Caught Between Hubris and The Grudge

All the talk in recent weeks of the “fiscal cliff” and the refusal of the Republicans and the Democrats to play nice together in the interest of the highest common good reminds me of the current situation between the NCBTMB and the FSMTB.

The NCB is operating from hubris (not to mention cluelessness), as they continue to put forth wrong-headed initiatives for the field. The latest plan to do away with organizational approval for CE providers is just the latest in a stream of missteps from the organization. They rolled that sudden announcement out like it was the best thing since sliced bread, and providers are choking on it. The application to become an approved provider has been totally removed from their website in the last day or two. I think they might be revisiting some of that plan in response to the unfavorable reception, which has included rumblings of boycotting the organization.

FSMTB is doing their own thing with the MBLEx well enough–in fact, extremely well, but when it comes to dealing with NCBTMB, it appears that the leadership of the FSMTB would rather see the organization fail than lift a hand to help them. They appear to be bearing a huge grudge over the way NCB has treated the Federation, and their unwillingness to move beyond that is stopping progress at the whole-profession level.

In case you’re uninformed, the NCBTMB has had their exam removed in a few states, and they have successfully legally challenged and won those challenges. That doesn’t sit well with the Federation, who would like to see the MBLEx as the only exam for entry-level massage licensing.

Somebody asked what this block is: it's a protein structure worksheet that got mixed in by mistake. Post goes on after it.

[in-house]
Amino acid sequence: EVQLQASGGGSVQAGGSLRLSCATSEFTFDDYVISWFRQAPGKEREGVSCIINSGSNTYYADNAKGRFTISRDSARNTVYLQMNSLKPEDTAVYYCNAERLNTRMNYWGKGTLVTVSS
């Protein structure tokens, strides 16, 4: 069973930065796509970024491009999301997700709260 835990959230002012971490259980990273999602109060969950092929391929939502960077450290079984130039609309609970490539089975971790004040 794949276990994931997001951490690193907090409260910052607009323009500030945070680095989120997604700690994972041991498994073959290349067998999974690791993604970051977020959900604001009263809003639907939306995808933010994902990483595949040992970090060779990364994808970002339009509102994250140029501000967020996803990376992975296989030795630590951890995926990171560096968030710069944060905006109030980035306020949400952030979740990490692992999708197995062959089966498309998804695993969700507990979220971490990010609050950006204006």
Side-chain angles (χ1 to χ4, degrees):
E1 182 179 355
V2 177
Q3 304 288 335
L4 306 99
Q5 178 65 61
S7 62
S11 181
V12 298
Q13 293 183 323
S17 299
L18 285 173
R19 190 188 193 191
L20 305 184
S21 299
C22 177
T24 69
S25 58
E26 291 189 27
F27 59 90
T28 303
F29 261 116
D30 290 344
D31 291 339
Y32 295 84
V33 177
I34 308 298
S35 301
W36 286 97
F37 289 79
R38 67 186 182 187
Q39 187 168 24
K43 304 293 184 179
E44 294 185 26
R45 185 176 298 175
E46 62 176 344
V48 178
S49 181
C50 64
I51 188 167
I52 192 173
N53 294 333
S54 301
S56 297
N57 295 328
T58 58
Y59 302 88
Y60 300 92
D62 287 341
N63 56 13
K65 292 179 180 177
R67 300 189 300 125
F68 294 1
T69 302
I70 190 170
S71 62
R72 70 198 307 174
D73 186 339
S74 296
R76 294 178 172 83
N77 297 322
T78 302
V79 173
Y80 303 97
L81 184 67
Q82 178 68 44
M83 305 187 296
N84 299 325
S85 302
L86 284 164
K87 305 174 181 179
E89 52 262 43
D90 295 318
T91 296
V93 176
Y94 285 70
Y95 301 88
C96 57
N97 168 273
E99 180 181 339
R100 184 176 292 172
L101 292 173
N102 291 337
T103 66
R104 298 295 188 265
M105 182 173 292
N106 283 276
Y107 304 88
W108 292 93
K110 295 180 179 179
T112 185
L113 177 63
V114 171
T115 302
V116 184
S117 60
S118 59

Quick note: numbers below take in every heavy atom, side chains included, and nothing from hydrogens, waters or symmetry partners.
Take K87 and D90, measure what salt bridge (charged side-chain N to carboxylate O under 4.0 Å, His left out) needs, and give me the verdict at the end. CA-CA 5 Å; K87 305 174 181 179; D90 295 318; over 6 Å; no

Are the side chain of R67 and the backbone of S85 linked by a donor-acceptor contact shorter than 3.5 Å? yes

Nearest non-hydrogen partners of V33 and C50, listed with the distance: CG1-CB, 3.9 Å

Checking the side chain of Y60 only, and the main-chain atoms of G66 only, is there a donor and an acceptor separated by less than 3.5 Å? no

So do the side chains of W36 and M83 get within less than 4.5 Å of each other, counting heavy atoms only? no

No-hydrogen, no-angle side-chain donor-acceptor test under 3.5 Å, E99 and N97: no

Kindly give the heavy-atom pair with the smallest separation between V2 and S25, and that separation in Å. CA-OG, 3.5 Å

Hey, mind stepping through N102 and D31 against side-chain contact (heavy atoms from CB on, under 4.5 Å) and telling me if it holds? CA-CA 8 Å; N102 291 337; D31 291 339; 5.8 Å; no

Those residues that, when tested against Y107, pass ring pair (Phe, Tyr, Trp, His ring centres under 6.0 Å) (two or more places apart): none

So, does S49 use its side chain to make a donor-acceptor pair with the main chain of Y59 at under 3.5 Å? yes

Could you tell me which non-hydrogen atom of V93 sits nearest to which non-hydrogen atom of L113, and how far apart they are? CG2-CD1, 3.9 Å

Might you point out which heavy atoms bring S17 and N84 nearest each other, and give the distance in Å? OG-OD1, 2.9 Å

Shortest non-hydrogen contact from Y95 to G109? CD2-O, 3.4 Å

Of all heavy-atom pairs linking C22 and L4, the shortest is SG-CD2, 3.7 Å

The NCB needs to get out of the entry-level exam business, in my opinion, but they can’t afford to right now. I believe they were depending on the increased revenue from the new requirement of CE course approvals to be the cash cow that would bail them out and make them financially viable again. The problem is that it’s unfair and unreasonable to put this burden on the backs of the CE provider community that is already challenged in so many ways.

FSMTB could provide that bridge through a transfer agreement and compensation package, which would resolve the “Exam Wars” once and for all. That type of action is not without precedent; it has happened in other licensed professions when it became apparent that it was time to evolve into a more streamlined process for the good of all concerned, including licensees.

It’s insane for FSMTB to even be meeting about building its own CE approval program, which they are in fact doing, when it would create more problems than it would solve. If these two organizations would sit down and hammer out such an agreement, the NCBTMB could remain the administrator of a dialed-back CE registry program, which state boards could reference, and which could finally serve as the one unified solution that the CE provider community has been needing. If the Federation jumps into the fray with yet another approval program and persuade the states to accept that, it will take but a few short years for them to put the NCBTMB out of business once and for all, which I would prefer not to see happen.

It’s time to put the hubris and the grudge and the egos aside and come to the table. The board members of both of these organizations have the power to make that happen. Your directors serve at your discretion and you ought to remember that you are not there to blindly follow the leader. A meeting of the minds is not possible when a meeting hasn’t taken place. If I were serving on either of these boards, I would be making the motion to sit down together and come to an agreement that will serve the profession on the whole.
 

 

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